[J]ake Paulson and Mike Steiner spent ten years traveling the globe as audio engineers before making an abrupt career transition—one with fewer air miles—and launching Anchorhead Coffee in Seattle, Washington. The duo started small, selling their bottled cold-brew at farmer’s markets, then distributing to local retailers. Their engineering mindset kept them curious about coffee, and they eventually commandeered half of Steiner’s garage to launch a roastery. They’ve only kept growing since.
Anchorhead opened their first café in October of 2016 in the atrium of Seattle’s Bell Tower. The high-rise building is home to corporate offices of Nordstrom and Century Link, and a renovation of the building’s outdoor patio space provided the perfect opportunity for Paulson and Steiner to establish a brick-and-mortar presence. With a downtown location and local competitors known for fast service, Paulson says choosing equipment and a layout that facilitated quick turnaround was essential. “Our main goal as a café was to have the highest-quality product we could and still maintain that speed,” he says.
The shop’s five-station Poursteady is key for efficiency and consistency; the machine’s automation allows baristas to crank out dozens of pour-overs each day. “If we didn’t have it, I don’t know if we’d do pour-overs,” Paulson says. “People stare at it all day and think it’s incredible.”
Anchorhead intentionally strayed from the paper-white, minimalist aesthetic common in many third-wave cafés. “We want to make sure people walk in and don’t feel intimidated by anything on the menu or by the person behind the counter,” Paulson says.
The shop is full of dark tones, yet an abundance of natural lighting (from a wall of thirty-foot windows) and blue accents keep the shop feeling warm—as do menu items like their tantalizingly sweet and delicious cinnamon-roll waffle, called the “Quaffle.” Twelve-inch subway tiles lining the bar’s back wall are slightly bowed, reflecting daylight and accentuating the space’s overall dazzle.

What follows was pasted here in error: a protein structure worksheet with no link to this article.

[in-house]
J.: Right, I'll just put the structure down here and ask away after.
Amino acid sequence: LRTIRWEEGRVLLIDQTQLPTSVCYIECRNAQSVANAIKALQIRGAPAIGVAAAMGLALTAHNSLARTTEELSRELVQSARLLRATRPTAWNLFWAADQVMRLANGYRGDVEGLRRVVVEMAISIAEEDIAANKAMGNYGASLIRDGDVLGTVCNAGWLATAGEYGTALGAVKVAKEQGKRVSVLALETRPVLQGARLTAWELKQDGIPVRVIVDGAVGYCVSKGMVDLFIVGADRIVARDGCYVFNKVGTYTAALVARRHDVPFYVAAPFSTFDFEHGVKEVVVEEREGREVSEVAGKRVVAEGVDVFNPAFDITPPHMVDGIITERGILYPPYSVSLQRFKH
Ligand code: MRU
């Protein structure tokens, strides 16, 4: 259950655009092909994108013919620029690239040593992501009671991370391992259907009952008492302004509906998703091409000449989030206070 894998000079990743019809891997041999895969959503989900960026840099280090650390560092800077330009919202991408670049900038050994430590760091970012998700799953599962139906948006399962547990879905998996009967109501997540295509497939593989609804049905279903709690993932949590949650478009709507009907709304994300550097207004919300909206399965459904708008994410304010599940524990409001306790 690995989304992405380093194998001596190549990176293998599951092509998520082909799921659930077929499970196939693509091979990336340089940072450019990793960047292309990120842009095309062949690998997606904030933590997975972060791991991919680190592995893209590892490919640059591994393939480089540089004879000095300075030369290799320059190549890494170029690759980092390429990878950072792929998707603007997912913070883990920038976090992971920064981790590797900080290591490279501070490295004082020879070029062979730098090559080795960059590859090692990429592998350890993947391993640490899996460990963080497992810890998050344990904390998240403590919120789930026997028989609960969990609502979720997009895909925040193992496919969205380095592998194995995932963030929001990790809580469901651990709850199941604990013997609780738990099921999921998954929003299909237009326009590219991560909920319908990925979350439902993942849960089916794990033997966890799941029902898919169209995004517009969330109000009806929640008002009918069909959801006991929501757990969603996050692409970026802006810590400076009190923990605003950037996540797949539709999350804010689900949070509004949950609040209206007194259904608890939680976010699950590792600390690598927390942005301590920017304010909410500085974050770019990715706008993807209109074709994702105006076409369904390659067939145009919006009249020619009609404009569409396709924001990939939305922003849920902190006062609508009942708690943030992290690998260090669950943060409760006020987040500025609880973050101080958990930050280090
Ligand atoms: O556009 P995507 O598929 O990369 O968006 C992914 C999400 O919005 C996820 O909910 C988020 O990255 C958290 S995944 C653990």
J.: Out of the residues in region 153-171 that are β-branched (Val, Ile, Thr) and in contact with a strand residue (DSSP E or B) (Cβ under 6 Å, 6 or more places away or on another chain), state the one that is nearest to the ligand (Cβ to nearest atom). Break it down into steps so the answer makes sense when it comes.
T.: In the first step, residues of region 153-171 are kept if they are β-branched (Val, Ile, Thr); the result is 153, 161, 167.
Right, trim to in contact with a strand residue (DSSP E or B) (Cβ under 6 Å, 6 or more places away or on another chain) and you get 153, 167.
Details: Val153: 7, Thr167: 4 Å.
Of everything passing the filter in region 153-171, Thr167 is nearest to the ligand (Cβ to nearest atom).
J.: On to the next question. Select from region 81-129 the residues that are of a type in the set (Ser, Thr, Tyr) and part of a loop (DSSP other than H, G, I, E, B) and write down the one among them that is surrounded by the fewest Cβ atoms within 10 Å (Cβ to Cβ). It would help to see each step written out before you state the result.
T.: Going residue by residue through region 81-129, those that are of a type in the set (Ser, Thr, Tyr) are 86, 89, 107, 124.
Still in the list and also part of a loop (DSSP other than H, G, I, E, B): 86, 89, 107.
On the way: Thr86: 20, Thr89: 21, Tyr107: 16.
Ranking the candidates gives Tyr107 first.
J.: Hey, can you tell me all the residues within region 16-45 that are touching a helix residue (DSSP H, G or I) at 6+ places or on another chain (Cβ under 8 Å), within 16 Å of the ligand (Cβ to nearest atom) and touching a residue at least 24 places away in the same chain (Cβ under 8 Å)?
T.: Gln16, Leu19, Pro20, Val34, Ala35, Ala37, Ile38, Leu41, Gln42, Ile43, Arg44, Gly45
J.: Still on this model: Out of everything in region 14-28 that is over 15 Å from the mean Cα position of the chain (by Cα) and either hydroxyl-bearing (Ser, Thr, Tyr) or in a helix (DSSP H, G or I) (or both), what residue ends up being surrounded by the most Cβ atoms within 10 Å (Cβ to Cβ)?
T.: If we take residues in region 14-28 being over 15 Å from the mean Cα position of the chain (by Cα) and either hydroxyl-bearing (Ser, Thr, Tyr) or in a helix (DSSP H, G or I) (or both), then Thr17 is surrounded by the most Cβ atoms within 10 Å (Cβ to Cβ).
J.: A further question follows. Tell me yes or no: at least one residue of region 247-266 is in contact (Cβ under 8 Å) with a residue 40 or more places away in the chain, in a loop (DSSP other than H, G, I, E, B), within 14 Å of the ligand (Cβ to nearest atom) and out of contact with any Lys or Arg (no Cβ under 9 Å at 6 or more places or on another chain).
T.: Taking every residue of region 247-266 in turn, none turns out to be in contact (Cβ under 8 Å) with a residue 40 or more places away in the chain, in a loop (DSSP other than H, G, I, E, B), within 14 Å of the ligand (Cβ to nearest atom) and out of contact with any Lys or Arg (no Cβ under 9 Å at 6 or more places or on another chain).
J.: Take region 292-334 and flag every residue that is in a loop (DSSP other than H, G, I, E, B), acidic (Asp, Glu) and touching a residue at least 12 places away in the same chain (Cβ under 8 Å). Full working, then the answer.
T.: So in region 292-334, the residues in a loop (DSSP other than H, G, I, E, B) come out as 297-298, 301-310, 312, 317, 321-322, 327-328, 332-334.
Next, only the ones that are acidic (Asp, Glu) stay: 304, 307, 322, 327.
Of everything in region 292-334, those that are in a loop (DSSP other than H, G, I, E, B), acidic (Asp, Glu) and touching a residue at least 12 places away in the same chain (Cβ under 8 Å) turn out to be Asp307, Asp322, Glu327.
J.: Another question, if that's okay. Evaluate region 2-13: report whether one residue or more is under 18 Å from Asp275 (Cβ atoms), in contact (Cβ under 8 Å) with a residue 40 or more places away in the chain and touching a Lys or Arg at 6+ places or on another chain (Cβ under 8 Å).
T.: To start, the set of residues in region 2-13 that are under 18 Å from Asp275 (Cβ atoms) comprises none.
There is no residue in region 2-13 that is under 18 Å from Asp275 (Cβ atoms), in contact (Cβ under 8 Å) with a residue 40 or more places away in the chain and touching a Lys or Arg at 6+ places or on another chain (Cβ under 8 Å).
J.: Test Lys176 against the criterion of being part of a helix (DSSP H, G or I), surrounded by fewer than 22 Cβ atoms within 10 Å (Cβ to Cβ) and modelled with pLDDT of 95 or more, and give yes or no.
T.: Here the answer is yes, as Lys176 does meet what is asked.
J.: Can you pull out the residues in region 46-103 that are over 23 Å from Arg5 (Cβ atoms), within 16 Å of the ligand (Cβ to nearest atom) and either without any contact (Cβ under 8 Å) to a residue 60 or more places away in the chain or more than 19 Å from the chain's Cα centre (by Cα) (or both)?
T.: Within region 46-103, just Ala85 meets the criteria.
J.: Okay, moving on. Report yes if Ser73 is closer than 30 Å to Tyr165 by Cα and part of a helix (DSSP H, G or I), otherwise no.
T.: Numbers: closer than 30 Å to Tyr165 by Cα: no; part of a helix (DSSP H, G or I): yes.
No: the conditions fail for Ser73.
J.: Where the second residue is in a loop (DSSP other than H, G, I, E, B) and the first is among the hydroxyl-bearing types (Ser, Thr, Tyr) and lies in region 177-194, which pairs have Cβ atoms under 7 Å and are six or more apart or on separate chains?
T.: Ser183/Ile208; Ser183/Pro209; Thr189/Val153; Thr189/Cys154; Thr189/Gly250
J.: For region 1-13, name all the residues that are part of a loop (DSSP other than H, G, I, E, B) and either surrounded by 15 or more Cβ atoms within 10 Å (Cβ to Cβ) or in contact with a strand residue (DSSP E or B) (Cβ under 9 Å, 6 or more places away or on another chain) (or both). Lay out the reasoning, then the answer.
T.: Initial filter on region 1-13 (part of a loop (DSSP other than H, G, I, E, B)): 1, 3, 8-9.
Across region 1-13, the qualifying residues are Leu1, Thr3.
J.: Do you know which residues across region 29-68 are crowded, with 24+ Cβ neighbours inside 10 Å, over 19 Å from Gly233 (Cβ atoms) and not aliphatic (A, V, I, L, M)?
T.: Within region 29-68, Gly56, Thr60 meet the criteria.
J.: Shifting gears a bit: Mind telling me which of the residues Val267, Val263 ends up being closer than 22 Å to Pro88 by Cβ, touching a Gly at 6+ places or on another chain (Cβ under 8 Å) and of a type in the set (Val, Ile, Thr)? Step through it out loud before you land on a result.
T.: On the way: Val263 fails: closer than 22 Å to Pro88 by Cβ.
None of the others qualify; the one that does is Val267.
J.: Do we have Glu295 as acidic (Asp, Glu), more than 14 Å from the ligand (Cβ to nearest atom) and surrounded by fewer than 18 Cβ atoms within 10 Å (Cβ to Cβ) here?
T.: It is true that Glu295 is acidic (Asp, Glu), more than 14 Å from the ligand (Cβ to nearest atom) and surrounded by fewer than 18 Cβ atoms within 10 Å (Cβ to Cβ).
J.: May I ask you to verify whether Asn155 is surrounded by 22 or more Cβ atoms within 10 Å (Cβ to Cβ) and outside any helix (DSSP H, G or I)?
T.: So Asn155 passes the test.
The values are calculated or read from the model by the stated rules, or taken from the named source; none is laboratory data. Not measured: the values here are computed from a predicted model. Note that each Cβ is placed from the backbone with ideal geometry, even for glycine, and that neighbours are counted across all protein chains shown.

“We spent a lot of time designing this café and making it a little different,” Paulson says. “We want to make sure we’re keeping it nice at every turn.”
1) Holy Hydra: A three-group Synesso Hydra MVP handles the shop’s espresso needs, aided by two Mythos Clima Pro grinders—one for Anchorhead’s Leviathan espresso blend, the other for a rotating single-origin.
2) Fly Like a G4: With controls for adjusting parameters like bloom time and purge, the Curtis G4 batch brewer was a no-brainer for Anchorhead. “We like to make sure our batch brew is as good as possible,” Anchorhead co-owner Jake Paulson says.
3) Coffee Chameleon: Blending into the sleek black subway tiles is a matte-black Mahlkönig EK 43, used to prep grounds for batch brew and the Poursteady.
4) Pre-game Pros: Anchorhead offers six to seven single-origins for pour-overs, so they pre-dose each coffee to shorten total brew time. Each jar has the name of the origin and a grind size for the EK 43.
5) The Quaffle Irons: A pair of waffle irons cook Anchorhead’s beloved Quaffles: laminated croissant dough, rolled into a cinnamon roll, then pressed in the iron. Holy. Smokes.
6) Slow Flow: Anchorhead uses V60s on their Poursteady to better control flow rate (the only variable not adjustable through the connected app). A line of Hario carafes catches each brew as it drips through to the other side.
7) Hold Steady: A Marco under-counter hot water boiler connects to a five-station Poursteady. The automated pour-over brewer connects to an online app that allows for easy adjustment of brew parameters. “It’s been super fantastic,” Paulson says.
1) Cold-brew Igloo: Anchorhead got their start producing bottled cold-brew. Customers can choose from regular, hopped, and concentrated cold-brews, all stored in a reach-in fridge beneath the register.
2) Fully Baked: Tempting pastries are proudly on display. Selections including Kouign-amann, danishes, and scones are baked fresh each morning, prepped every night in house.
3) Tapped for Greatness: Cold-brew, kombucha, and beer are all available on tap. Customers can also choose from a selection of wine and canned brews. Montucky Cold Snack, anyone?
—Ellie Bradley is Fresh Cup’s editor.